Inside Llewyn Davis

“You often hear about directors being polarizing. Some people love them as much as others hate them. But what if they’re polarizing to you. That’s sort of how I feel about the Coens. First off, nothing but mad respect for the duo. I hear their names attached to something and I immediately take an interest. But their movies tend to be hit or miss for me. Fargo? Love Love LOVE it. A Serious Man? One of the most boring things I’ve ever sat thru (granted, I didn’t get the Job allegory). No Country for Old Men, True Grit love. Big Lebowski took some time to grow on me. Burn After Reading, huh? So let’s file Inside Llewyn Davis under snooze.

I get that it’s a character piece more than a narrative, which automatically makes it harder for me to get into (I like plot). But when your character isn’t that likeable to begin with, you’ve really got an uphill battle for my attention. The film follows a folk singer who’s recently lost his partner, trying to make it as a solo act as the scene begins its decline. He coach surfs between various friends and acquaintances, throws diva like fits over his music, and generally tends to make more enemies than friends along the way. I’m sorry, but why should I care about this guy enough to look into his life for two hours out of my day?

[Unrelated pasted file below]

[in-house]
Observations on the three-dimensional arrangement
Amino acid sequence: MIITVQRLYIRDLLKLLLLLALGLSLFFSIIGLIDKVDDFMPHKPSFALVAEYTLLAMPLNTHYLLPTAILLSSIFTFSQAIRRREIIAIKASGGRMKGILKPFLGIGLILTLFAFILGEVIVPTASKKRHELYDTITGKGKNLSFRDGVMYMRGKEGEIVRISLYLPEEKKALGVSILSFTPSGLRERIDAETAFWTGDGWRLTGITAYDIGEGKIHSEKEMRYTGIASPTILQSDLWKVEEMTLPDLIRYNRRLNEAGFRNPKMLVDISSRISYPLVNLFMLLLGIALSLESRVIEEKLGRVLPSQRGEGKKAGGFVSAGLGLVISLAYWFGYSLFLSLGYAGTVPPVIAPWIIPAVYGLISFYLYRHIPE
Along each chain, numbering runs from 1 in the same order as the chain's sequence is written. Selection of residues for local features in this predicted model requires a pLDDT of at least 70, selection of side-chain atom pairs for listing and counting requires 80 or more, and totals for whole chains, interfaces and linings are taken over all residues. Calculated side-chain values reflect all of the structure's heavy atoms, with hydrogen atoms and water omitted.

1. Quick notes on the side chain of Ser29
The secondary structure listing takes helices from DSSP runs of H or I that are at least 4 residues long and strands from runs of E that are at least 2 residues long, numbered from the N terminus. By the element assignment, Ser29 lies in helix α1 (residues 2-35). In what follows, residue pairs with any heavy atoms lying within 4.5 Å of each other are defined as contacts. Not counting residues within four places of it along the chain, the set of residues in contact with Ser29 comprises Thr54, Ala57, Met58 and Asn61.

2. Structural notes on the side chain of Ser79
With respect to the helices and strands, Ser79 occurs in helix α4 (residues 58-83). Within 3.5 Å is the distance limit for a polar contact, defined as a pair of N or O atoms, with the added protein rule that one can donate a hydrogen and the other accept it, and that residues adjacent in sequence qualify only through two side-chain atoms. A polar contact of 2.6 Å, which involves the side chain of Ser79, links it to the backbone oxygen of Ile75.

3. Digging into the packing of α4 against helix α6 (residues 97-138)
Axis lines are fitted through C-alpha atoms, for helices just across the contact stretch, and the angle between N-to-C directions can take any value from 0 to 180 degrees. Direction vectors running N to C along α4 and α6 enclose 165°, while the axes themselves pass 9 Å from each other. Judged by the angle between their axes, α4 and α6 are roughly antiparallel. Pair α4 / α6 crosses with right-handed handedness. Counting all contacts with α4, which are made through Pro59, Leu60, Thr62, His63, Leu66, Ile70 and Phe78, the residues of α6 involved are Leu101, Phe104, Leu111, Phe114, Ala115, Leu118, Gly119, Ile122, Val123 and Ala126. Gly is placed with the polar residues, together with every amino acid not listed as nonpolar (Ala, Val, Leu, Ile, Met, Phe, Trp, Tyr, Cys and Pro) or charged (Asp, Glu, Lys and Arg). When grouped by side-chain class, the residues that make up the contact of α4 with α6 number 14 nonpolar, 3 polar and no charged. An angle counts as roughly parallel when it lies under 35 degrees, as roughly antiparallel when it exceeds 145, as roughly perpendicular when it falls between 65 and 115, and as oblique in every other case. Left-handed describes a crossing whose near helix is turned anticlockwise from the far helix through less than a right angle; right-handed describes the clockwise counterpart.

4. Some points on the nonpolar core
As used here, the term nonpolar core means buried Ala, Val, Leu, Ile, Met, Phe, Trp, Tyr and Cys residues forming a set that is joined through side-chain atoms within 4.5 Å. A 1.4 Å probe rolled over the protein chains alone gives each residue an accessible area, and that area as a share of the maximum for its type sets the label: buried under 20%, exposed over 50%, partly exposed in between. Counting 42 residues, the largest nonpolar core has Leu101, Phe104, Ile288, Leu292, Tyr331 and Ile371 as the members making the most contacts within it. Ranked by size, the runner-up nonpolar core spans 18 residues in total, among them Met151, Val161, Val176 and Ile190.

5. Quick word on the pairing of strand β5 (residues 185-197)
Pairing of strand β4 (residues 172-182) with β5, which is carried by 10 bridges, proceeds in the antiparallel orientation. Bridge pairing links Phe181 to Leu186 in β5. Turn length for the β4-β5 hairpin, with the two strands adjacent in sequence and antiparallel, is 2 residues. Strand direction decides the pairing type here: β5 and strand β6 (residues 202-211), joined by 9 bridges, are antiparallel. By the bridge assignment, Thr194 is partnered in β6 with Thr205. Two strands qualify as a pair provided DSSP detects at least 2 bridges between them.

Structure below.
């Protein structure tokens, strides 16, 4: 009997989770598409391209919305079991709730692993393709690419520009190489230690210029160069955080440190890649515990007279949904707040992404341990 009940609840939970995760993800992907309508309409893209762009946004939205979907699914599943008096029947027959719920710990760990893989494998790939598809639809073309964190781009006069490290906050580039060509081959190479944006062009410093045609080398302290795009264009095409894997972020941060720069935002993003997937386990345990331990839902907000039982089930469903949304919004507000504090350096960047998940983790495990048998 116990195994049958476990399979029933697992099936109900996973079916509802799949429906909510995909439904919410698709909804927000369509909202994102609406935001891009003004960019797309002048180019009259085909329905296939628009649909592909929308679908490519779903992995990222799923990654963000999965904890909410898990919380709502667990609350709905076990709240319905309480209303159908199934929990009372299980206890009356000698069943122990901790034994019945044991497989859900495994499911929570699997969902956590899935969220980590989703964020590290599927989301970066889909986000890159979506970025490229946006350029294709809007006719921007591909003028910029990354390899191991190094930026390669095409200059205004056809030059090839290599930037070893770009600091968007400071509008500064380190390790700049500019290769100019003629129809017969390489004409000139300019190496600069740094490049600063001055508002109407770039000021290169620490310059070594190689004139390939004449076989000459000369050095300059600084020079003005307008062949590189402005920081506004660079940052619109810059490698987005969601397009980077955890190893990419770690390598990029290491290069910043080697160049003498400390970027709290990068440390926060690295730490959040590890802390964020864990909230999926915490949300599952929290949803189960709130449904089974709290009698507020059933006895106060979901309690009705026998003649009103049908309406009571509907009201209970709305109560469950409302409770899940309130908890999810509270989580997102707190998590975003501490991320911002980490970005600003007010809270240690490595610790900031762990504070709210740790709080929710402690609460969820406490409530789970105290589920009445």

The music is really good. Not my style, but very well done. My college roomate, who was pretty big into that style, has been obsessing over the soundtrack, so I do have it on good authority that the music is quality. I may have iTunes-ed a song or two (I did kinda love Please Mr Kennedy but my Best Original Song money is still on Frozen’s Let it Go) but it’s not the sort of thing I would listen to regularly (unless you count what I would find the roomie playing in our room freshman year).

I did think Oscar Isaac did a fantastic job carrying the movie with authority, even if I didn’t like Llewyn himself. Carey Mulligan did deliver a spot on Coen-esque performance, even if she was even more unlikeable than Llewyn. My favorite though was original American Idiot Stark Sands in his small-ish role. Hearing him live was one of my favorite parts of seeing AI so many times on Broadway, and I’ll take any excuse to hear that voice again (even if recordings tend to not do him justice, although the Kinky Boots soundtrack did get him better than AI, but I’m digressing).

I wonder if much of the buzz the movie is getting is just because people blindly love the Coens or if it simply wasn’t for me. Hopefully their next one will put us back in the plus column.

Inside Llewyn Davis – \m/ \m/

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